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From:SGreen Date:August 24 2005 5:00pm
Subject:Re: INSERT IGNORE Doesn't Seem To Work
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Hal Vaughan <hal@stripped> wrote on 08/24/2005 12:41:36 PM:

> On Wednesday 24 August 2005 02:47 am, Hal Vaughan wrote:
> > I may have a misunderstanding of this, but as I have been told, if I 
have a
> > table with 3 columns, Idx (an Index column, unique, auto-increment), 
Name,
> > Value (both varchar), and I try a command like this:
> >
> > INSERT IGNORE INTO myTable SET Name = "Variable1", Value = "100";
> > or
> > INSERT IGNORE INTO myTable (Name, Value) VALUES("Variable1", "100");
> >
> > AND I already have a row with the matching Name and Value columns 
matching
> > in value, that MySQL will detect that and not insert the redundant 
values. 
> > I've also tried this without a unique, auto-increment column, just 
trying
> > to insert by specifying values for all 3 columns that already match an
> > existing row, and it still doesn't work.
> >
> > I thought the IGNORE keyword was intended to be used to prevent 
duplicating
> > values, and that it matched the values in the INSERT statement (even 
if not
> > all columns in the table were given a value) against the ones in the 
table
> > and would NOT INSERT the row if it matched.
> >
> > I'm using MySQL 4.023 on Debian Linux (installed through apt-get, not
> > through downloading).
> >
> > So this brings up a few questions: 1) Am I doing something wrong?  2) 
Is
> > this what INSERT IGNORE is supposed to do -- if not, what does it do?, 
and
> > 3) If this isn't what INSERT IGNORE does, how can I do what I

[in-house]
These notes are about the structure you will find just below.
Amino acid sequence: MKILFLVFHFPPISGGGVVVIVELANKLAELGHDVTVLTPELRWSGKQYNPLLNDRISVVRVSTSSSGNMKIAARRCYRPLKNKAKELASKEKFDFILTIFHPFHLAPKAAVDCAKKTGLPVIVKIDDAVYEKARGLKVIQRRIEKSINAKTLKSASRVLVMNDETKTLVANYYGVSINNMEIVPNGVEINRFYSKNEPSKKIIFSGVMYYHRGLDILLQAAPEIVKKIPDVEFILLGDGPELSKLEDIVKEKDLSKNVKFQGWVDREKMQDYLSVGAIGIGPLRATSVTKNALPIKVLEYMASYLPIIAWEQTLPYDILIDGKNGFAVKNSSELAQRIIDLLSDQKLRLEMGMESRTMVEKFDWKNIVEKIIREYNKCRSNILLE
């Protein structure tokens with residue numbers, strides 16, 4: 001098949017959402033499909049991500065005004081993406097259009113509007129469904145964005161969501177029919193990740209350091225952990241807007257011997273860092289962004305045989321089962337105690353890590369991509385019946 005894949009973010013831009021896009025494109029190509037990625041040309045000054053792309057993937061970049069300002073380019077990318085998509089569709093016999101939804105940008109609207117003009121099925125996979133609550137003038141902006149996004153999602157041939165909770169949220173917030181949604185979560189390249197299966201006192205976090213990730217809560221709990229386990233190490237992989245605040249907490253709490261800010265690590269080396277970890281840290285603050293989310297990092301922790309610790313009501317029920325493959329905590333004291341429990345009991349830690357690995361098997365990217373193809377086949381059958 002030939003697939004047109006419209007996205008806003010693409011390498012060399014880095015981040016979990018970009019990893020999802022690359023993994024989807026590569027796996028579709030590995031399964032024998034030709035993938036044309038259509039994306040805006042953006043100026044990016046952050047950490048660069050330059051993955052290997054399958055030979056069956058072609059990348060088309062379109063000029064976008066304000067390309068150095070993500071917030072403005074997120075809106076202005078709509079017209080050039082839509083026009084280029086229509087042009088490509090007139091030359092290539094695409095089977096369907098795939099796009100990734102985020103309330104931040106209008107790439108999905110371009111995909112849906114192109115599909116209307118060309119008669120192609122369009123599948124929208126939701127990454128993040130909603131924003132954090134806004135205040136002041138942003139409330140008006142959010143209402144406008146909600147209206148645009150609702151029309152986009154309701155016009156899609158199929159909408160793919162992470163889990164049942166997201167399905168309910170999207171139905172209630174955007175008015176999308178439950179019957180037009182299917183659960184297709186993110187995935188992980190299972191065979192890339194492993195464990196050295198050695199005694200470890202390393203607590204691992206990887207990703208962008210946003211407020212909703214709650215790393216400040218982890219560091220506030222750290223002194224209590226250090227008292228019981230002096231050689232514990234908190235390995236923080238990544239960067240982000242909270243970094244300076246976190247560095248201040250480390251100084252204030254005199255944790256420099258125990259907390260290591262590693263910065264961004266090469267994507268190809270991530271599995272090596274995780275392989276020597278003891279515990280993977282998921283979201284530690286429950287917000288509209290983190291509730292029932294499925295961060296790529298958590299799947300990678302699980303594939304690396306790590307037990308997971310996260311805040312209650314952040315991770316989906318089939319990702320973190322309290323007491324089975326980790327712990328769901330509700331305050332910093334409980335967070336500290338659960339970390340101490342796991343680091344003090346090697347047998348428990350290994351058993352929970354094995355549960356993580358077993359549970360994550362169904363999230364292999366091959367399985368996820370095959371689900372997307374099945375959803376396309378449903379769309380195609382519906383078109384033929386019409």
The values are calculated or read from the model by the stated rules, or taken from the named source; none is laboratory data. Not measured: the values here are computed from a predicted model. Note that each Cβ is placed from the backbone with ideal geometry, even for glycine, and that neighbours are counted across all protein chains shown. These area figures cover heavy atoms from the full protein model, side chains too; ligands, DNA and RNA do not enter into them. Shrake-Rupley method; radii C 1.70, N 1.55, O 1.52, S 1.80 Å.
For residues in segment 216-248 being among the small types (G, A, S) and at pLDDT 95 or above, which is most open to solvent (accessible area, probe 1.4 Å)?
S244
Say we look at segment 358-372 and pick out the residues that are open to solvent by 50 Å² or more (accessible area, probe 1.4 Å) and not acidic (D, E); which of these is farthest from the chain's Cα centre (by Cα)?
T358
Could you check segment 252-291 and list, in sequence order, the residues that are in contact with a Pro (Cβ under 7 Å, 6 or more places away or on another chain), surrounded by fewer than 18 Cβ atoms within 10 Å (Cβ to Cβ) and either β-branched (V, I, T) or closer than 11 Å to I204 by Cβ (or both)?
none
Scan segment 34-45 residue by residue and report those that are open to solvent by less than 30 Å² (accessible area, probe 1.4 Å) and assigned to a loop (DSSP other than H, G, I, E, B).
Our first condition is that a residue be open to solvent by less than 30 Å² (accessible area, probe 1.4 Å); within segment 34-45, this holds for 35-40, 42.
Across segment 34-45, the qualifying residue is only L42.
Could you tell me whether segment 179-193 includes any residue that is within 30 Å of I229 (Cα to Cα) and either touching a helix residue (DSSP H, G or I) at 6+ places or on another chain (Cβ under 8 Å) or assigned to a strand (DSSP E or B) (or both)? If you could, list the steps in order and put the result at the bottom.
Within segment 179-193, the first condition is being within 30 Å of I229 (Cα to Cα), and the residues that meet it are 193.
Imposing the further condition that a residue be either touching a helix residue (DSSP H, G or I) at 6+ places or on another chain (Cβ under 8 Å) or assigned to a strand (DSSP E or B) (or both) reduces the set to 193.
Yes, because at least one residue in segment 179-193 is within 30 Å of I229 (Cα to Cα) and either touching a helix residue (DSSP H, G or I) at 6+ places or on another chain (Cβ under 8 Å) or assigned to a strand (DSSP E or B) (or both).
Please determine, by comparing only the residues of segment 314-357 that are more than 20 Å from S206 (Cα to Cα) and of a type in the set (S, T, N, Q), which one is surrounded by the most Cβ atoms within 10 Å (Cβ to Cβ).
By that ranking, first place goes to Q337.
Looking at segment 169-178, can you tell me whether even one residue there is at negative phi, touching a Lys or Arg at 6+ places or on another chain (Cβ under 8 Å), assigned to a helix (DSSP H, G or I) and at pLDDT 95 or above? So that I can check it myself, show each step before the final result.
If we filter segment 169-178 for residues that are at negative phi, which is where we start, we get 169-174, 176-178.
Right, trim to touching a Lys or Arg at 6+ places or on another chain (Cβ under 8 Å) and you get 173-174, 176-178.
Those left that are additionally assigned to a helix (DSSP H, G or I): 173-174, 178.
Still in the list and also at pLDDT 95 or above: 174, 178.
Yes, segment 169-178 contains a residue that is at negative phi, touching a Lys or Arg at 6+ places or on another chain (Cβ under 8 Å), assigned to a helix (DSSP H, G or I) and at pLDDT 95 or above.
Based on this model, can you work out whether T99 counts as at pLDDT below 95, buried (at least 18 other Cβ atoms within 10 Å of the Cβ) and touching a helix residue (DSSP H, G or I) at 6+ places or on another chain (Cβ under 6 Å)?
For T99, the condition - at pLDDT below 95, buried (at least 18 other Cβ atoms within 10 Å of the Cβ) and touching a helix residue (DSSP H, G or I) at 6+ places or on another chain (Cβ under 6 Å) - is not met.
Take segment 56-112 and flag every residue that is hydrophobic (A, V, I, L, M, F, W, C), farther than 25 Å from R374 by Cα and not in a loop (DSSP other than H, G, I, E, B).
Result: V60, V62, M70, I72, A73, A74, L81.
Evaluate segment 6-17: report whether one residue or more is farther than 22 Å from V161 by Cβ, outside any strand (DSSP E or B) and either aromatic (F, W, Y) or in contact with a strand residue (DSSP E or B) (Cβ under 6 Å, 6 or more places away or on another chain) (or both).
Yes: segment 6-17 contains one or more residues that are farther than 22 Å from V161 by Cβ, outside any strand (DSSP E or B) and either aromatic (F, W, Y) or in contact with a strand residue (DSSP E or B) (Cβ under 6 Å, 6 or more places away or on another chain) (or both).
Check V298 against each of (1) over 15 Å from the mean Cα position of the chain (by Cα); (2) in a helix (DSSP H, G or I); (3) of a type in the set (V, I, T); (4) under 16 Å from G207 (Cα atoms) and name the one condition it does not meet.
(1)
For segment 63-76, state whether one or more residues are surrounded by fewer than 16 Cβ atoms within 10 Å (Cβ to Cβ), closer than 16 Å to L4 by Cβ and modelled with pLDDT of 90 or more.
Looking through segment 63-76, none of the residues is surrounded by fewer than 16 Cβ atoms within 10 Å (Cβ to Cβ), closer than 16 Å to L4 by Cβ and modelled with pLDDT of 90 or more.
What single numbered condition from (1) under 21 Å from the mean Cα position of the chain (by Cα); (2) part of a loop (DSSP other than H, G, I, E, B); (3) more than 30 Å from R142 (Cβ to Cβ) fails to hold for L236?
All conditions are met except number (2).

*thought* it
> > did -- insert only if the value doesn't already exist?
> >
> > Thanks!
> >
> > Hal
> 
> Okay, so INSERT IGNORE only works if I am avoiding duplicate keys.  Is 
there 
> any way to use INSERT the way I thought INSERT IGNORE worked -- in other 

> words is there any keyword for the INSERT command to keep it from 
duplicating 
> rows if there isn't a key?
> 
> Hal
> 

Not really. You have to define the table in such a way that some kind of 
duplicated data is "wrong" before the SQL engine can guard against them. 
Exactly what form of duplication you don't want is entirely up to you and 
your needs. You tell the SQL engine what kind of duplication to reject by 
either defining your PRIMARY KEY or a UNIQUE key or some combination of 
PRIMARY and UNIQUE keys in such a way to dissalow the duplication you want 
to avoid. Otherwise you will need to search for duplicates in your 
application BEFORE you build your INSERT statement so that you just do not 
execute any INSERT statements that would create duplicated information.

Shawn Green
Database Administrator
Unimin Corporation - Spruce Pine


Thread
INSERT IGNORE Doesn't Seem To WorkHal Vaughan24 Aug
  • Re: INSERT IGNORE Doesn't Seem To WorkJohan Höök24 Aug
  • Re: INSERT IGNORE Doesn't Seem To WorkAlec.Cawley24 Aug
  • Re: INSERT IGNORE Doesn't Seem To WorkHal Vaughan24 Aug
    • Re: INSERT IGNORE Doesn't Seem To WorkSGreen24 Aug
    • Re: INSERT IGNORE Doesn't Seem To WorkAlec.Cawley25 Aug
      • Re: INSERT IGNORE Doesn't Seem To WorkHal Vaughan26 Aug
        • Re: INSERT IGNORE Doesn't Seem To WorkPeter Brawley26 Aug